With the recent admission of G2 Esports that they didn’tpractice full time prior to the Mid-Season Invitiational, there hasbeen plenty of discussion about the schedules of LCS teams. The EULCS, including regular season and playoffs, lasted 14 weeks (1-14to 4-17). During this time G2 had three “off” weeks; one for IEM,one between regular season and playoffs, and their first round bye.This was followed by a two week break, during which time they hadto prepare for and travel to Mid-Season Invitational. This scheduledoes not allow for the off-time traditional sports include in theirown intense practice schedules.
The problem with this crowded schedule is that athletes work andtrain harder than the average person. Many workers only havethree-four weeks of vacation time, but they also only work 40 hoursa week with the weekend off. LCS teams typically only have one offday, with four days of practice and two of games. Practice and teamactivities may only last 8 hours, but players need to work onindividual skills as well. This leads to an usustainable practiceschedule. One that could break all but the exceptionallycompetitive athlete.
Of course, this isn’t an excuse for eSports professionals.Thats just the price of being an athlete – especially if they wantto be the best. Tom Brady, four time Super Bowl champion andquarterback of the New England Patriots, is famous for starting hisindividual workouts and training before 6 AM every morning. Hediets all year, and “vacations” still include physical and mentaltraining.
One part of this, for the major US sports at least, is a longoff-season break. This gives players time off, away from theirgames, and helps prevent burnout after the toil of a long season.Players also have a chance to work on their fundamental skills,since much of the season is spent working as a team preparing forspecific opponents. This hard work – long offseason model isn’treplicated in esports. Teams may get more random breaks during theyear; but they don’t have a long offseason, or at least the bestteams won’t. The world elite that make the World Championshipand are invited to Third Party tournaments, like IEM are lucky toget even a few continuous weeks before their respective regionalleagues kick back into gear. All three NA professional leaguesstudied (NFL, NBA, MLB) had a 14+ week offseason break; LCS teamswere lucky to get 6. Which makes every week of break that much morevaluable.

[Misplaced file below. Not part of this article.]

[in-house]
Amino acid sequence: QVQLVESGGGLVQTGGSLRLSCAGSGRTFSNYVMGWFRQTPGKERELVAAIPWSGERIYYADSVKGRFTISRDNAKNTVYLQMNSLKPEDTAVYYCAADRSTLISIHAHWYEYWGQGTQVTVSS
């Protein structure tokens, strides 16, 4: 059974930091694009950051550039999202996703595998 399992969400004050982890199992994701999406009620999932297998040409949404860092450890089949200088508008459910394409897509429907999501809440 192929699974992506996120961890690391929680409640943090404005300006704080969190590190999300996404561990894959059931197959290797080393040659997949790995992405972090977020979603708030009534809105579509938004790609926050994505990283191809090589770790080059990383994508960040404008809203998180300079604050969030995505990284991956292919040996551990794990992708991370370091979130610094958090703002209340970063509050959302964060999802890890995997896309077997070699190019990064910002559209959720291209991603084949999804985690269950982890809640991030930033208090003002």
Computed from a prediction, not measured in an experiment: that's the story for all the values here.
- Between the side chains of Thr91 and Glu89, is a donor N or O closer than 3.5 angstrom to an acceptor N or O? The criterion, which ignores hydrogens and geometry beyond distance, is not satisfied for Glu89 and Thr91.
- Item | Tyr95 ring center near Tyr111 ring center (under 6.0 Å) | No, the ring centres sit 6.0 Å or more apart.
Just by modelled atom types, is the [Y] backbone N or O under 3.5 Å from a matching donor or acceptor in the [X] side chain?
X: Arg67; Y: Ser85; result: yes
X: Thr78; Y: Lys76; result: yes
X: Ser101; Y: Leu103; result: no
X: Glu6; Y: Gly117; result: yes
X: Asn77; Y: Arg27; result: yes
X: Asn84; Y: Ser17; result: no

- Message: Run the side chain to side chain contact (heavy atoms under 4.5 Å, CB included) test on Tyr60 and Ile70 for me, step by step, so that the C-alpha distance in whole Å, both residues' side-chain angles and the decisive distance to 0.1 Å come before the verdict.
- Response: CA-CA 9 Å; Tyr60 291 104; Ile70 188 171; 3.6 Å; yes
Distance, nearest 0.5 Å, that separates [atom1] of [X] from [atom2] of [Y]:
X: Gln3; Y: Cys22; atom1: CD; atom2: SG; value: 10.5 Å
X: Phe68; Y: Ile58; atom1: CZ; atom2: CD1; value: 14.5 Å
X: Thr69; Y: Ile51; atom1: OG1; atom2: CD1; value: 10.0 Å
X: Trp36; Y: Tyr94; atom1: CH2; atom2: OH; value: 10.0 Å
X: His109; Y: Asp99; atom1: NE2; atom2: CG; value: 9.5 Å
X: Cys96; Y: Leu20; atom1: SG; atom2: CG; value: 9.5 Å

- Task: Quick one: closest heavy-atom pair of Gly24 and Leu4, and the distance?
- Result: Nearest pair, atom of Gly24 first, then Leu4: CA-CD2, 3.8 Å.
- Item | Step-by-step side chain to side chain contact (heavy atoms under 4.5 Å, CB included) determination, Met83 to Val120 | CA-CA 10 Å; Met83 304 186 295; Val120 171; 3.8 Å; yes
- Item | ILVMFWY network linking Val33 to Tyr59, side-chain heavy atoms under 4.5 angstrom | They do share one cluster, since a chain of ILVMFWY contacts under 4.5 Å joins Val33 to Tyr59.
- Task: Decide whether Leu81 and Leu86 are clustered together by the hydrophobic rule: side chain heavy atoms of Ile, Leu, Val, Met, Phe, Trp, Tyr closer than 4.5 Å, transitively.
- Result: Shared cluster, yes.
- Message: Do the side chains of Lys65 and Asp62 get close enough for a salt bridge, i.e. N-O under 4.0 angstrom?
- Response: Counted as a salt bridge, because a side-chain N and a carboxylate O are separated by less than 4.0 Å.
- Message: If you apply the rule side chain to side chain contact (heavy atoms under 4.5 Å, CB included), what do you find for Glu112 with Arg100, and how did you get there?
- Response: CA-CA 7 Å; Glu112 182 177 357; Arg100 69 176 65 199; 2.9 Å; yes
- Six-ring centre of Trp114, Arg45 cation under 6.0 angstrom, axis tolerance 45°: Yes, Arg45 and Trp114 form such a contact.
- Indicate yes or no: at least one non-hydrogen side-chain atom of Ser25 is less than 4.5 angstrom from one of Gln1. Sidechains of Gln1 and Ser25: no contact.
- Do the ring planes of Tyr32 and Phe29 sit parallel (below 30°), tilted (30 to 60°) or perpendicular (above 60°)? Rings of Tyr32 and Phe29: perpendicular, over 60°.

Of course, there aren’t always strict parallels betweentraditional sports and eSports. Physical athletes need time to lettheir bodies physically recover from the rigors of intense trainingand the fundamentals mentioned can be worked on in stimulatingways, outside of the strict practice environment of their sport. IneSports, players risk back and wrist problems. But many of thesecan be curbed or completely avoided through stretches and changesin posture. Furthermore these cyber athletes need to hone theirindividual skills in the server. While they may not be scrimming,it is difficult to translate mechanical mastery over ever changingin-game interactions from other activities.
Dividing a year into 52 week, Data was gathered for an LCS teamand an OGN team giving their schedules in 2013 and 2015. Tocompare, the championship teams in three sports (NFL, NBA, MLB) arealso shown with their known schedules. The schedule is color coded,showing the extent of the playoffs for each team (top teams wereselected).
Nonetheless, with G2 as the most recent example, eSports teamsare opting for off-time more and more. While G2 represents one ofthe most recent League of Legends examples of a team valuing mentalhealth via time off over peak form, this is a trend that has becomemore prevelant in esports with tournament circuits, like Na’Vichoosing to not attend CEVO 9 Finals. Despite this, G2 havefound the ire of Europe and abroad as the representatives of theirregion at the Mid-Season Invitational. Moving forward, Riotmay be pressed to add more time-off for their competitors.